But then there’s Schenn.
"He just complements me really well."
Schenn certainly isn’t Tanev, no more than he was Stevens or Foote, but he can play a steady, physical stay-at-home defensive game. He doesn’t treat the puck like a grenade either and knows how to play to his strengths and away from his weaknesses, giving the puck to Hughes to exit the zone as often as possible.
You just want the puck on his stick, so he’s an easy guy to play with,” said Schenn about playing with Hughes earlier in the season. “Just give the puck to him and let him do his thing out there.”
Schenn clearly benefits from playing with Hughes but it’s not a one-way street; Hughes also benefits from playing with Schenn.
“I think he just complements me really well,” said Hughes. “He’s really good in the D-zone, he’s strong, and he keeps me focused in that end. He moves it quick and he’s smart in the O-zone — probably smarter than people give him credit for, he’s got a good head for it. So, we’ve been working well together.”
The numbers, via Natural Stat Trick, bear that out.
Without Schenn, Hughes still has a corsi above 50%, indicating the Canucks out-shoot their opponents at 5-on-5 when he’s on the ice. His expected goals, however, suffers, as the team gives up more quality chances than they create.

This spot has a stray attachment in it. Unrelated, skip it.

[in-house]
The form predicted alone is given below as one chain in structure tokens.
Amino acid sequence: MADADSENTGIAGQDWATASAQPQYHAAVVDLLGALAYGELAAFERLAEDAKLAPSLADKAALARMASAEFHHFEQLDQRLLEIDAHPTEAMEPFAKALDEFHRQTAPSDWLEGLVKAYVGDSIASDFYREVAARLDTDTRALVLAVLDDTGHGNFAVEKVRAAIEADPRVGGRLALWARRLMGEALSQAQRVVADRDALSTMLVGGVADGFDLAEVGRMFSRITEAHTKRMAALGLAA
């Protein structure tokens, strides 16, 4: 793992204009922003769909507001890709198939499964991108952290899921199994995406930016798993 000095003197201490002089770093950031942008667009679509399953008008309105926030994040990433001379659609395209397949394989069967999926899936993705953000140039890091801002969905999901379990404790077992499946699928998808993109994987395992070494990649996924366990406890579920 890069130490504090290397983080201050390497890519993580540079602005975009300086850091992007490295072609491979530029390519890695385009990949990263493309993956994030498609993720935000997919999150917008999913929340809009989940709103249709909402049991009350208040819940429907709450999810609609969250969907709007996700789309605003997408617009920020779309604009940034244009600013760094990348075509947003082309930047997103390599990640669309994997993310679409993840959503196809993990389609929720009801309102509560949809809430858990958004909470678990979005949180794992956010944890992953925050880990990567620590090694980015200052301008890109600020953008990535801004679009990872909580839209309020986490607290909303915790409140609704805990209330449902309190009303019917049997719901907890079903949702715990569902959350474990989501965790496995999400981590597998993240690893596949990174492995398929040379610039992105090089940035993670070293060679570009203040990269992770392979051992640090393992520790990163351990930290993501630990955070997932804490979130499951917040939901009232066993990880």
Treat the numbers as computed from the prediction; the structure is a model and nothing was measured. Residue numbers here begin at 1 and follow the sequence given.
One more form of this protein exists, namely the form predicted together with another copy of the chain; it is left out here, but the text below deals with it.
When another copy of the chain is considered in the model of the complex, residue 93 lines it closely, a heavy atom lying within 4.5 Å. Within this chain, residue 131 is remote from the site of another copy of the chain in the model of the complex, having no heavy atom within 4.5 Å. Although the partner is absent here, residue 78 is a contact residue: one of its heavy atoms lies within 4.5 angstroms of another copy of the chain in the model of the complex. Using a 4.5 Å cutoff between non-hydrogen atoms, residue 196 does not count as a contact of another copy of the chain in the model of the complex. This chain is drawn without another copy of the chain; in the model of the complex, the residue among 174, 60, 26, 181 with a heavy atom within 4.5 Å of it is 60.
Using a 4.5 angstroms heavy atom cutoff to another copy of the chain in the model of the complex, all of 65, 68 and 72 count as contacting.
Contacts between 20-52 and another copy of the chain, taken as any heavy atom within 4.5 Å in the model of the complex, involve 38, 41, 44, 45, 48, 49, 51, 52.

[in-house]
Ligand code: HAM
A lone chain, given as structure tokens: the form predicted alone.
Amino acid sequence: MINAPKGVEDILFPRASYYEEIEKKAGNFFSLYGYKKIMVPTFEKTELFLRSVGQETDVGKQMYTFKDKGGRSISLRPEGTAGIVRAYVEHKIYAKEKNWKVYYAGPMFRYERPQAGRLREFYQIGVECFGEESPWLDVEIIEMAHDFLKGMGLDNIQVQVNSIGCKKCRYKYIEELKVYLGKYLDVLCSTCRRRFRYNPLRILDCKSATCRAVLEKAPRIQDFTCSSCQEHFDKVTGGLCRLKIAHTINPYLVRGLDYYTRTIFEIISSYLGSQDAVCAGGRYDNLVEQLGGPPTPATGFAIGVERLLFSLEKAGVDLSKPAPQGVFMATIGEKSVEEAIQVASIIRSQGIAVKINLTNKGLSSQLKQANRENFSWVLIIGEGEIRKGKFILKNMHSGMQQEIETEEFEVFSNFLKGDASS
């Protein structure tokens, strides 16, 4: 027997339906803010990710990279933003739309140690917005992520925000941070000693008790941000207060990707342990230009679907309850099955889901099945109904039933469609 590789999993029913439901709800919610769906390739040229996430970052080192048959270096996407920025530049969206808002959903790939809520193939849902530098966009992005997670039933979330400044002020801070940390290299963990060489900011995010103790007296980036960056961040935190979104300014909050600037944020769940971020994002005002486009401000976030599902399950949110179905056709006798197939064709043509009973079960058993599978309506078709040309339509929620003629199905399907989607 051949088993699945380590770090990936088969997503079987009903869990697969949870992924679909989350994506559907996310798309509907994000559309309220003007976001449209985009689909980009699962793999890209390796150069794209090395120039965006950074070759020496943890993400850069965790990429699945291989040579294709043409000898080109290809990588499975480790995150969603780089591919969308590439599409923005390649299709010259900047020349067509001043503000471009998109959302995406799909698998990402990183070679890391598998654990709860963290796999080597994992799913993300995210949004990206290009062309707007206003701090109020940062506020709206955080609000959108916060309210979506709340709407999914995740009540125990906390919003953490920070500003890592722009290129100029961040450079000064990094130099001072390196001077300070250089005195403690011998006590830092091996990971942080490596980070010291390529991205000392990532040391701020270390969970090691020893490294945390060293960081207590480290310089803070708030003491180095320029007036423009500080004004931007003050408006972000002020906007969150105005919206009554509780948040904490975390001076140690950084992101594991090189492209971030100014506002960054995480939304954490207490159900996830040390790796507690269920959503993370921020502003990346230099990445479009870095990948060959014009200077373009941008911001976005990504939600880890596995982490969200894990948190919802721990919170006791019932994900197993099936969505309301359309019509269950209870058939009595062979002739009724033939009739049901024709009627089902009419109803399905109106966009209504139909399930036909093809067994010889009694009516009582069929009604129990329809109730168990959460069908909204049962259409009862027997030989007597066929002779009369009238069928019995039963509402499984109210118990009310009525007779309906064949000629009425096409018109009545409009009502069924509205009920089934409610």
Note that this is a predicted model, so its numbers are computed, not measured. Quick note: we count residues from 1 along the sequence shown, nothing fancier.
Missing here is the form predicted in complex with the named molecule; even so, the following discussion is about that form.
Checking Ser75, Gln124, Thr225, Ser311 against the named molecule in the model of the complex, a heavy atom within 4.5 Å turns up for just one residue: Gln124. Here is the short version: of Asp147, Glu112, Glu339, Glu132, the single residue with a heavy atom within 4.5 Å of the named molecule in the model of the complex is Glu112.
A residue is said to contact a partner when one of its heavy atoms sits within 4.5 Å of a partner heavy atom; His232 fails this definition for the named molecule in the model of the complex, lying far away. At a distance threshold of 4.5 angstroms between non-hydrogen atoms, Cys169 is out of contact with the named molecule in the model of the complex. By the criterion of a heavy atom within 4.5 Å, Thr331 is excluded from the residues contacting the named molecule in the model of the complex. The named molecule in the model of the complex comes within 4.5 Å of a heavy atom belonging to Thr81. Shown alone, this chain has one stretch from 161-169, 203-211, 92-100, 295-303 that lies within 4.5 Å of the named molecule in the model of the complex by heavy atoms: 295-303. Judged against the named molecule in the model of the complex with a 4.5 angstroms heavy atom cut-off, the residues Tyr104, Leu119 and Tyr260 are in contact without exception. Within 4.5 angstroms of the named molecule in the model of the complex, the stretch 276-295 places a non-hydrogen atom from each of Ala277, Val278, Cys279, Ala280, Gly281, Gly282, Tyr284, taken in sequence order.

When Schenn and Hughes are together, however, their defensive numbers are quite good, limiting shot attempts, shots on goal, and chances. Hughes’ rate of expected goals against drops significantly when paired with Schenn.
Away from Hughes, Schenn’s numbers at both ends of the ice get a little bit uglier. But when he’s with Hughes, Schenn looks fantastic.
It seems clear that Schenn and Hughes each cover up for each other’s weaknesses. Hughes’s superb skating can make up for Schenn’s more lumbering stride, retrieving the puck and covering for him defensively when he gets beaten. Likewise, Schenn’s strength and physicality, particularly in front of the net, makes up for that limitation in Hughes’s game, limiting chances against.
The difference that Schenn makes for Hughes is especially clear when you look at a heatmap of the defensive zone via HockeyViz.
Hughes without Schenn is on the left — mostly very good at limiting shots in the defensive zone except for the most dangerous area of the ice, right in front of the net.
Hughes with Schenn is on the right — more chances from the tops of the faceoff circles but a well as deep as the Marianas Trench in front of and around the net.
To be clear, Hughes’s numbers away from Schenn suffer from playing a lot of minutes with Poolman, who is miscast in a top-four role. But it’s obvious that Schenn helps Hughes in ways that Poolman does not.
Is Schenn a long-term fit for Hughes. Well, probably not. Schenn is 32 and his game is likely to decline precipitously in the coming years. He’s also not necessarily the best fit for Hughes’s offensive game, as he’s still limited in that area.
He does, however, provide a blueprint for what the Canucks can look for in a long-term partner for Hughes: a smart player with a physical edge to their game that defends well in front of the net but with better skating and offensive upside than Schenn. That will likely be a hard player to find.
For now, particularly at his near league-minimum cap hit, Schenn will do just fine.